The KYC process involves a series of steps to validate data and documentation of a potential customer's identity and other financial information. "Know your customer" is the standard that must be met by law by those businesses that, given the characteristics of their activity, are exposed to risks related to fraud, money laundering, terrorist financing, and other issues that affect any business related to finance.
The economic activity of users is closely related to the provision of certain products and services. In particular, those offered by banks, insurance companies, and other FinTech, InsurTech, and WealthTech business models. States and governments, both to prevent tax fraud and to create secure environments for companies and customers to interact with each other, have regulated the process and given indications of the documentation and data that KYC forms must request.
One of the most important financial risks has to do with identity theft. This method of fraud is used to open accounts in the name of false persons, front men or other real persons without their authorization. This is used for money laundering and, also through tax engineering, to avoid tax obligations or to cover up illegal activities.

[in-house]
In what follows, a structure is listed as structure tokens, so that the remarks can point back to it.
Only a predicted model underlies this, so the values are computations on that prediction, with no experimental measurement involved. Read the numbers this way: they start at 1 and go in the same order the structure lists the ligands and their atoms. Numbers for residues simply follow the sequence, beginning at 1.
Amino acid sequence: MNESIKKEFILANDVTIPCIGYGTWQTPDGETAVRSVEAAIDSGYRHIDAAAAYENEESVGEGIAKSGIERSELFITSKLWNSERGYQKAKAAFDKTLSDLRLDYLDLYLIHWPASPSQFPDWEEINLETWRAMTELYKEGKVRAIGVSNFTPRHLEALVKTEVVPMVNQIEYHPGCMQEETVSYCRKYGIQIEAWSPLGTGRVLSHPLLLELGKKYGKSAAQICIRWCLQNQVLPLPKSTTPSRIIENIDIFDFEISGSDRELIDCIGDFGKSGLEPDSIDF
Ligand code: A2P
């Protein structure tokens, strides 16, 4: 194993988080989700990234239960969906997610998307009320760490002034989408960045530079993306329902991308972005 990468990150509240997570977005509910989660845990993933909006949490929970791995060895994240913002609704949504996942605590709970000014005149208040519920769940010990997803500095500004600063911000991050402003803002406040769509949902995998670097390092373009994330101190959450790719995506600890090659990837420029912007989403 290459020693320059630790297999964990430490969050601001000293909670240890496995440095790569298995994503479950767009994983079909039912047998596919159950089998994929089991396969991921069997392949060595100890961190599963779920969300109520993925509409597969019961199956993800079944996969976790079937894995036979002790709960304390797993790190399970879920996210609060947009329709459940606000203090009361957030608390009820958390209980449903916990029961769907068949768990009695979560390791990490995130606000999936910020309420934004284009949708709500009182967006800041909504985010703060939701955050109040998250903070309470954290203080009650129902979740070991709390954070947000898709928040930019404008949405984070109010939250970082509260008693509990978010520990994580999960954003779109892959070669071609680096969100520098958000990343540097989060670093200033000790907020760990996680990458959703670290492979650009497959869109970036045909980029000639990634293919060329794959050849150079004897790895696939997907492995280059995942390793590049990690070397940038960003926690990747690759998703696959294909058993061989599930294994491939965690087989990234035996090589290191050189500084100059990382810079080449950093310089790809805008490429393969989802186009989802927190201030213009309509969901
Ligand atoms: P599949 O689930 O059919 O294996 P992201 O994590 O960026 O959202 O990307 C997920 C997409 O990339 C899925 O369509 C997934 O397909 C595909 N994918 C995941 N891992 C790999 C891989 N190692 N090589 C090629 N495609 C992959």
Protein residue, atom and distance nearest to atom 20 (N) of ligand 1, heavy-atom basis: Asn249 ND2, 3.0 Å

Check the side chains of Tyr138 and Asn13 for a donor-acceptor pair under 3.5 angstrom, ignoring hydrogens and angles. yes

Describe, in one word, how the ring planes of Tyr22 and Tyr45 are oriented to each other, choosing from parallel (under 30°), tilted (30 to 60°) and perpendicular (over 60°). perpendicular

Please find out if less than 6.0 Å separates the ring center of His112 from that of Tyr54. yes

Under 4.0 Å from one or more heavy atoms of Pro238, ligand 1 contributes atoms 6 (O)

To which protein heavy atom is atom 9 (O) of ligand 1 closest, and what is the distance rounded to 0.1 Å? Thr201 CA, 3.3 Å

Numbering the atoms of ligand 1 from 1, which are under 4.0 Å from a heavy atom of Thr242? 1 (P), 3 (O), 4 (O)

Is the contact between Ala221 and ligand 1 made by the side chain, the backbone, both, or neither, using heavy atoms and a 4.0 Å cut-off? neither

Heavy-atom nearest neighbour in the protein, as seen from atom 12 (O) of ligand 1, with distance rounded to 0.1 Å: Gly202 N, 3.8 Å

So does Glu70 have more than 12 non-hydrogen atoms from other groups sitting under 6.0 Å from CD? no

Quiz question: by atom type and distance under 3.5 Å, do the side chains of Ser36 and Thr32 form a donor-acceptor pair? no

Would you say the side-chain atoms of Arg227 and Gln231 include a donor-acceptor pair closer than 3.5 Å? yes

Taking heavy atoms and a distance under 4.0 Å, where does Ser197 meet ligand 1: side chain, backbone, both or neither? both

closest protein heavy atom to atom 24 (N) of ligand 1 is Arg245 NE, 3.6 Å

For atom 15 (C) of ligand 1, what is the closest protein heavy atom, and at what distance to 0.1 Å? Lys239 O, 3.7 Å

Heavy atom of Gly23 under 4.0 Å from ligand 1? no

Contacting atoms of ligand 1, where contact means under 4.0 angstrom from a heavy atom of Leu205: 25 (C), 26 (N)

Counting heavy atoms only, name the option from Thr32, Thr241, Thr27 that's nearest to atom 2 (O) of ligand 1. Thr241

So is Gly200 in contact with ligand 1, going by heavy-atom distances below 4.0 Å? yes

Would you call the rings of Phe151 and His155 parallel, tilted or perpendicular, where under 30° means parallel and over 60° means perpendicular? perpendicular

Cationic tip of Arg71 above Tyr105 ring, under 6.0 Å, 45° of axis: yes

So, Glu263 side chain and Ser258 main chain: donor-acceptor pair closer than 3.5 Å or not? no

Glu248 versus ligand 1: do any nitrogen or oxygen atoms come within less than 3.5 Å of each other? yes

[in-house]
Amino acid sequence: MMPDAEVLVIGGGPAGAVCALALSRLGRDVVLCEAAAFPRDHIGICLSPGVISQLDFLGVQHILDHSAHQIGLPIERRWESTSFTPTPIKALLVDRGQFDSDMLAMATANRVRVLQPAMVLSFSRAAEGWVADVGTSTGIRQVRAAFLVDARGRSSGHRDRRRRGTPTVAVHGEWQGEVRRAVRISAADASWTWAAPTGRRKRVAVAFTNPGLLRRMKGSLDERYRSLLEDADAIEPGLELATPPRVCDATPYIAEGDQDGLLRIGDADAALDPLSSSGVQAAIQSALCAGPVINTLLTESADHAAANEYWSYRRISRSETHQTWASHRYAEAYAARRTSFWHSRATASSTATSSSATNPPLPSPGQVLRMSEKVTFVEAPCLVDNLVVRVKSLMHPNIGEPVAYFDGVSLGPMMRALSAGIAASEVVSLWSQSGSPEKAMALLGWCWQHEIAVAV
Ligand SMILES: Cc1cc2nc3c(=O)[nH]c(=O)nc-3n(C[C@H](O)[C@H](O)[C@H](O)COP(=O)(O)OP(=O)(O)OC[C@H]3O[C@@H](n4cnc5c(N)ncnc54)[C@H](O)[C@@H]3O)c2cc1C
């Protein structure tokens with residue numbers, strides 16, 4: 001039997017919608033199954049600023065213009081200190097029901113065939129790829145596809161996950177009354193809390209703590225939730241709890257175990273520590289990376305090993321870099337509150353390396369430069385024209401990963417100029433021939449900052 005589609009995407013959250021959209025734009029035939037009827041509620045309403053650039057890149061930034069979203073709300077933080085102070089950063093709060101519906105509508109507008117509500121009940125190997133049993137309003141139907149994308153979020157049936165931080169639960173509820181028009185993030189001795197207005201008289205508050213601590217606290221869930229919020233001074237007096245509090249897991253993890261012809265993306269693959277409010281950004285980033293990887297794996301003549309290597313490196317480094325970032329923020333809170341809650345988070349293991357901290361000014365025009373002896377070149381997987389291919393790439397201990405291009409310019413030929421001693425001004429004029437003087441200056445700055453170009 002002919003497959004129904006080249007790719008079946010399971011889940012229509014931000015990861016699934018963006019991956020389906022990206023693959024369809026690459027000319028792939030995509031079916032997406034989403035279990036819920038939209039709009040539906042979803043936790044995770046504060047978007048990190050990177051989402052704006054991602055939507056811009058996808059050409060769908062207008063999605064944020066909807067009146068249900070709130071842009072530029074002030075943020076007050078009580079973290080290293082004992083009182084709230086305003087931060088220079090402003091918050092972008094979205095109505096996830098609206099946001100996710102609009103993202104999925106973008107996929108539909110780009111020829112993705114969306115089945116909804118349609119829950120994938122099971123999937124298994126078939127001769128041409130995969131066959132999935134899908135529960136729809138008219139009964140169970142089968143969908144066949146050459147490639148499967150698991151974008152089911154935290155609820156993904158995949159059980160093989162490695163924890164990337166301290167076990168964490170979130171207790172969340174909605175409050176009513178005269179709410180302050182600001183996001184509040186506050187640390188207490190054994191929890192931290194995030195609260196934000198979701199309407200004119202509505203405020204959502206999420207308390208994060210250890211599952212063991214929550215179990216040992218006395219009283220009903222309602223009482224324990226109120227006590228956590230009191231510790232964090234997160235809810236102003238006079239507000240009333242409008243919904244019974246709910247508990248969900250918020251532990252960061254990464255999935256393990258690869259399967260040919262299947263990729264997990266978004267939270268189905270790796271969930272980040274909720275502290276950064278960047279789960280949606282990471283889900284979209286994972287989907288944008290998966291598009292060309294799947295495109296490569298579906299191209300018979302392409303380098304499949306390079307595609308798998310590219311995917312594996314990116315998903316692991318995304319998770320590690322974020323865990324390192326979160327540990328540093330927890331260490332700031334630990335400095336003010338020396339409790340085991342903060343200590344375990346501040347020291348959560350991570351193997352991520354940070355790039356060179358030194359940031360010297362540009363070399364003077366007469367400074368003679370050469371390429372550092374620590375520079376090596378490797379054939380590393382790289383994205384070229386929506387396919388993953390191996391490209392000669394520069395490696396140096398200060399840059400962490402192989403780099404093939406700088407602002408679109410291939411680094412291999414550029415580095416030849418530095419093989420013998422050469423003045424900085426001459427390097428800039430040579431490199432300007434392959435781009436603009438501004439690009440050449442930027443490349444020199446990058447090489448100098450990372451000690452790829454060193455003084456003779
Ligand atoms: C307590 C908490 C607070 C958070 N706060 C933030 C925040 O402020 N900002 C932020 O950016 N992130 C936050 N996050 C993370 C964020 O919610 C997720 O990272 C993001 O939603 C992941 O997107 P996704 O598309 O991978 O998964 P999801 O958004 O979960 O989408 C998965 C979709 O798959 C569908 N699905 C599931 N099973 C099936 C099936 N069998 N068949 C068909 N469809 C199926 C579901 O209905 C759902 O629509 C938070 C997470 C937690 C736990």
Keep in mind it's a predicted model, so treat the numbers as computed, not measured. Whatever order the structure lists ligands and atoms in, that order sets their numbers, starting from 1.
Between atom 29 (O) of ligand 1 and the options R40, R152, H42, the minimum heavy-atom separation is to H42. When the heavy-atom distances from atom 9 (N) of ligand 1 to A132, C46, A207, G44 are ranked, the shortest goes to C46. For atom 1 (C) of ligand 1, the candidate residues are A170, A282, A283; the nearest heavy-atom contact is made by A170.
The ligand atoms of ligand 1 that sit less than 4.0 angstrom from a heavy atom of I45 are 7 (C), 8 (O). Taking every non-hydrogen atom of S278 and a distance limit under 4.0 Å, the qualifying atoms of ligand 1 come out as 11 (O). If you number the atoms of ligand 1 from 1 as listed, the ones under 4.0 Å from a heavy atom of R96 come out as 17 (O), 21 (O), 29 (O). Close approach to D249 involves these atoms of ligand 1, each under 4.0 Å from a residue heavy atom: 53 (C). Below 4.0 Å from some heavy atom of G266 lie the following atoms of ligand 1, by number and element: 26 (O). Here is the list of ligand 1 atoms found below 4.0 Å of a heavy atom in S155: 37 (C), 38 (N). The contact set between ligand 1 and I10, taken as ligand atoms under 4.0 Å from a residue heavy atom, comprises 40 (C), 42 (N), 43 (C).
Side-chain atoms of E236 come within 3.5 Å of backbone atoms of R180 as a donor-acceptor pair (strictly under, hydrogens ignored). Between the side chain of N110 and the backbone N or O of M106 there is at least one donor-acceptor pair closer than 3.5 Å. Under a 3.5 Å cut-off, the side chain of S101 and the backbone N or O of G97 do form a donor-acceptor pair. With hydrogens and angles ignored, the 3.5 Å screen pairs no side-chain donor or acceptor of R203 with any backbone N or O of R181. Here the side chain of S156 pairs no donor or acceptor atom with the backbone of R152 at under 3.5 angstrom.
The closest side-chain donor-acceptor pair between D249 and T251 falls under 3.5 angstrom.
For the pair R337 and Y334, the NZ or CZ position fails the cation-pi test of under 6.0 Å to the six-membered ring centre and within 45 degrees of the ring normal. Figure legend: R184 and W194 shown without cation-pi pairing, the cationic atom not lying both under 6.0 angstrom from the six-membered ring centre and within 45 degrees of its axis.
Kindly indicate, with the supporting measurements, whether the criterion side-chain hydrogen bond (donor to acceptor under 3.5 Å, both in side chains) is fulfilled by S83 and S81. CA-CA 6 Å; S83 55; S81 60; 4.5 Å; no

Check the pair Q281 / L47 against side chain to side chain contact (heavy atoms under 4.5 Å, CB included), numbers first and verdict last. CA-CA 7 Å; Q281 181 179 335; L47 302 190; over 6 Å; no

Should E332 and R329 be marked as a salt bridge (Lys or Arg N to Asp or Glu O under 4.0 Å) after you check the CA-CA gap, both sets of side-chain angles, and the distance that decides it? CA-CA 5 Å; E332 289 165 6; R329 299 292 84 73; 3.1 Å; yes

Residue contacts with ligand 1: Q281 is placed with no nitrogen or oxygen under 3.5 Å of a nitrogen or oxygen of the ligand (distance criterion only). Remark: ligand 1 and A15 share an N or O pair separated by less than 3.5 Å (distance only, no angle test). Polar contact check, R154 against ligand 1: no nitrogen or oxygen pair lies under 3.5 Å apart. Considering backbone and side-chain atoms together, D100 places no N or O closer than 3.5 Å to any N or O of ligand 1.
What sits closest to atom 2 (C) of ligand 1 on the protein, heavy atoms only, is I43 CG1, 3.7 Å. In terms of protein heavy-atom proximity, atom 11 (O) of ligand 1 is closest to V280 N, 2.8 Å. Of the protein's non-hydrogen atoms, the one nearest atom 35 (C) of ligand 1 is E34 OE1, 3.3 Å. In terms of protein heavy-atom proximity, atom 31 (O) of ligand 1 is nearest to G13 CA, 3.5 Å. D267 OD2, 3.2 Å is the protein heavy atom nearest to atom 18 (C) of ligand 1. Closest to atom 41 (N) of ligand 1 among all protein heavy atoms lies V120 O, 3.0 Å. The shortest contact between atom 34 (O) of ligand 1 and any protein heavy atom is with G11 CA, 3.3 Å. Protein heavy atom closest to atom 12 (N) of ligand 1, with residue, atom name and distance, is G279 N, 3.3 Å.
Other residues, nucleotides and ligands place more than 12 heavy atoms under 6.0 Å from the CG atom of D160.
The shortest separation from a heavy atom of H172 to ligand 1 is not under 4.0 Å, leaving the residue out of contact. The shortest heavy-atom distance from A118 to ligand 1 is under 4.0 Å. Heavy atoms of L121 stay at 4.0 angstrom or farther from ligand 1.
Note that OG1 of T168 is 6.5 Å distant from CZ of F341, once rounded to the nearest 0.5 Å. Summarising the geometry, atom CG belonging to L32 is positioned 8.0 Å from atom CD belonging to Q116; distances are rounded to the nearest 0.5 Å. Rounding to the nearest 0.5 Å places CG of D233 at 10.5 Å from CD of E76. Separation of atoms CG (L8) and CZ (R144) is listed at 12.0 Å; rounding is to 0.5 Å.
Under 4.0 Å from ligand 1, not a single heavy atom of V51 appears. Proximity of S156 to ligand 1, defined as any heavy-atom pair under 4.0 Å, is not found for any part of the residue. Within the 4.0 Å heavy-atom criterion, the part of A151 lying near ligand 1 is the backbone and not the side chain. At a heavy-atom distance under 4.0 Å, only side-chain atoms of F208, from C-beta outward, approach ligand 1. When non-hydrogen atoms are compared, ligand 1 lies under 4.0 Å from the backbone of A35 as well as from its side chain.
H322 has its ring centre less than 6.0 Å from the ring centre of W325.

On the other hand, identity theft is an increasingly common practice. Whether through hacks, phishing techniques or the theft of personal data using a variety of methods, criminals are using their ingenuity to steal money, carry out fraudulent transactions or buy products with customers' virtual credit cards. IT security and identity verification systems are necessary in an increasingly complex and challenging environment.
Establishing fraud prevention and risk management policies and tools is necessary not only in the financial industries, but an insurance for the sustainability of any business, regardless of the sector to which it belongs. Thus, the KYC standard is reaching, for example, the telecommunications industry to address SIM Swapping and ensure that new customer registration processes occur with guarantees and total security.
Although it may seem that integrating these systems is expensive and costly, thanks to the development of SaaS identity verification and electronic signature platforms, businesses of all sizes and characteristics can obtain extreme security and comply with the most demanding regulatory requirements.
In large companies, these transformations previously involved change processes that took a long time and affected a large part of the systems infrastructure, as well as having a significant impact on IT teams and budgets due to the need to rely on large consulting firms for their development. Now, the best KYC systems can be integrated with simplicity and in a pay-per-use format, without conditioning the productivity or sustainability of the products or divisions that need to incorporate these technologies.
KYC is part of what is known as the digital onboarding process. This concept encompasses all the operations necessary to register a user as a customer, register and validate their information, confirm their identity and sign the contracting of products and services. All these parts must be shown to be legal, and binding, and provide title and access.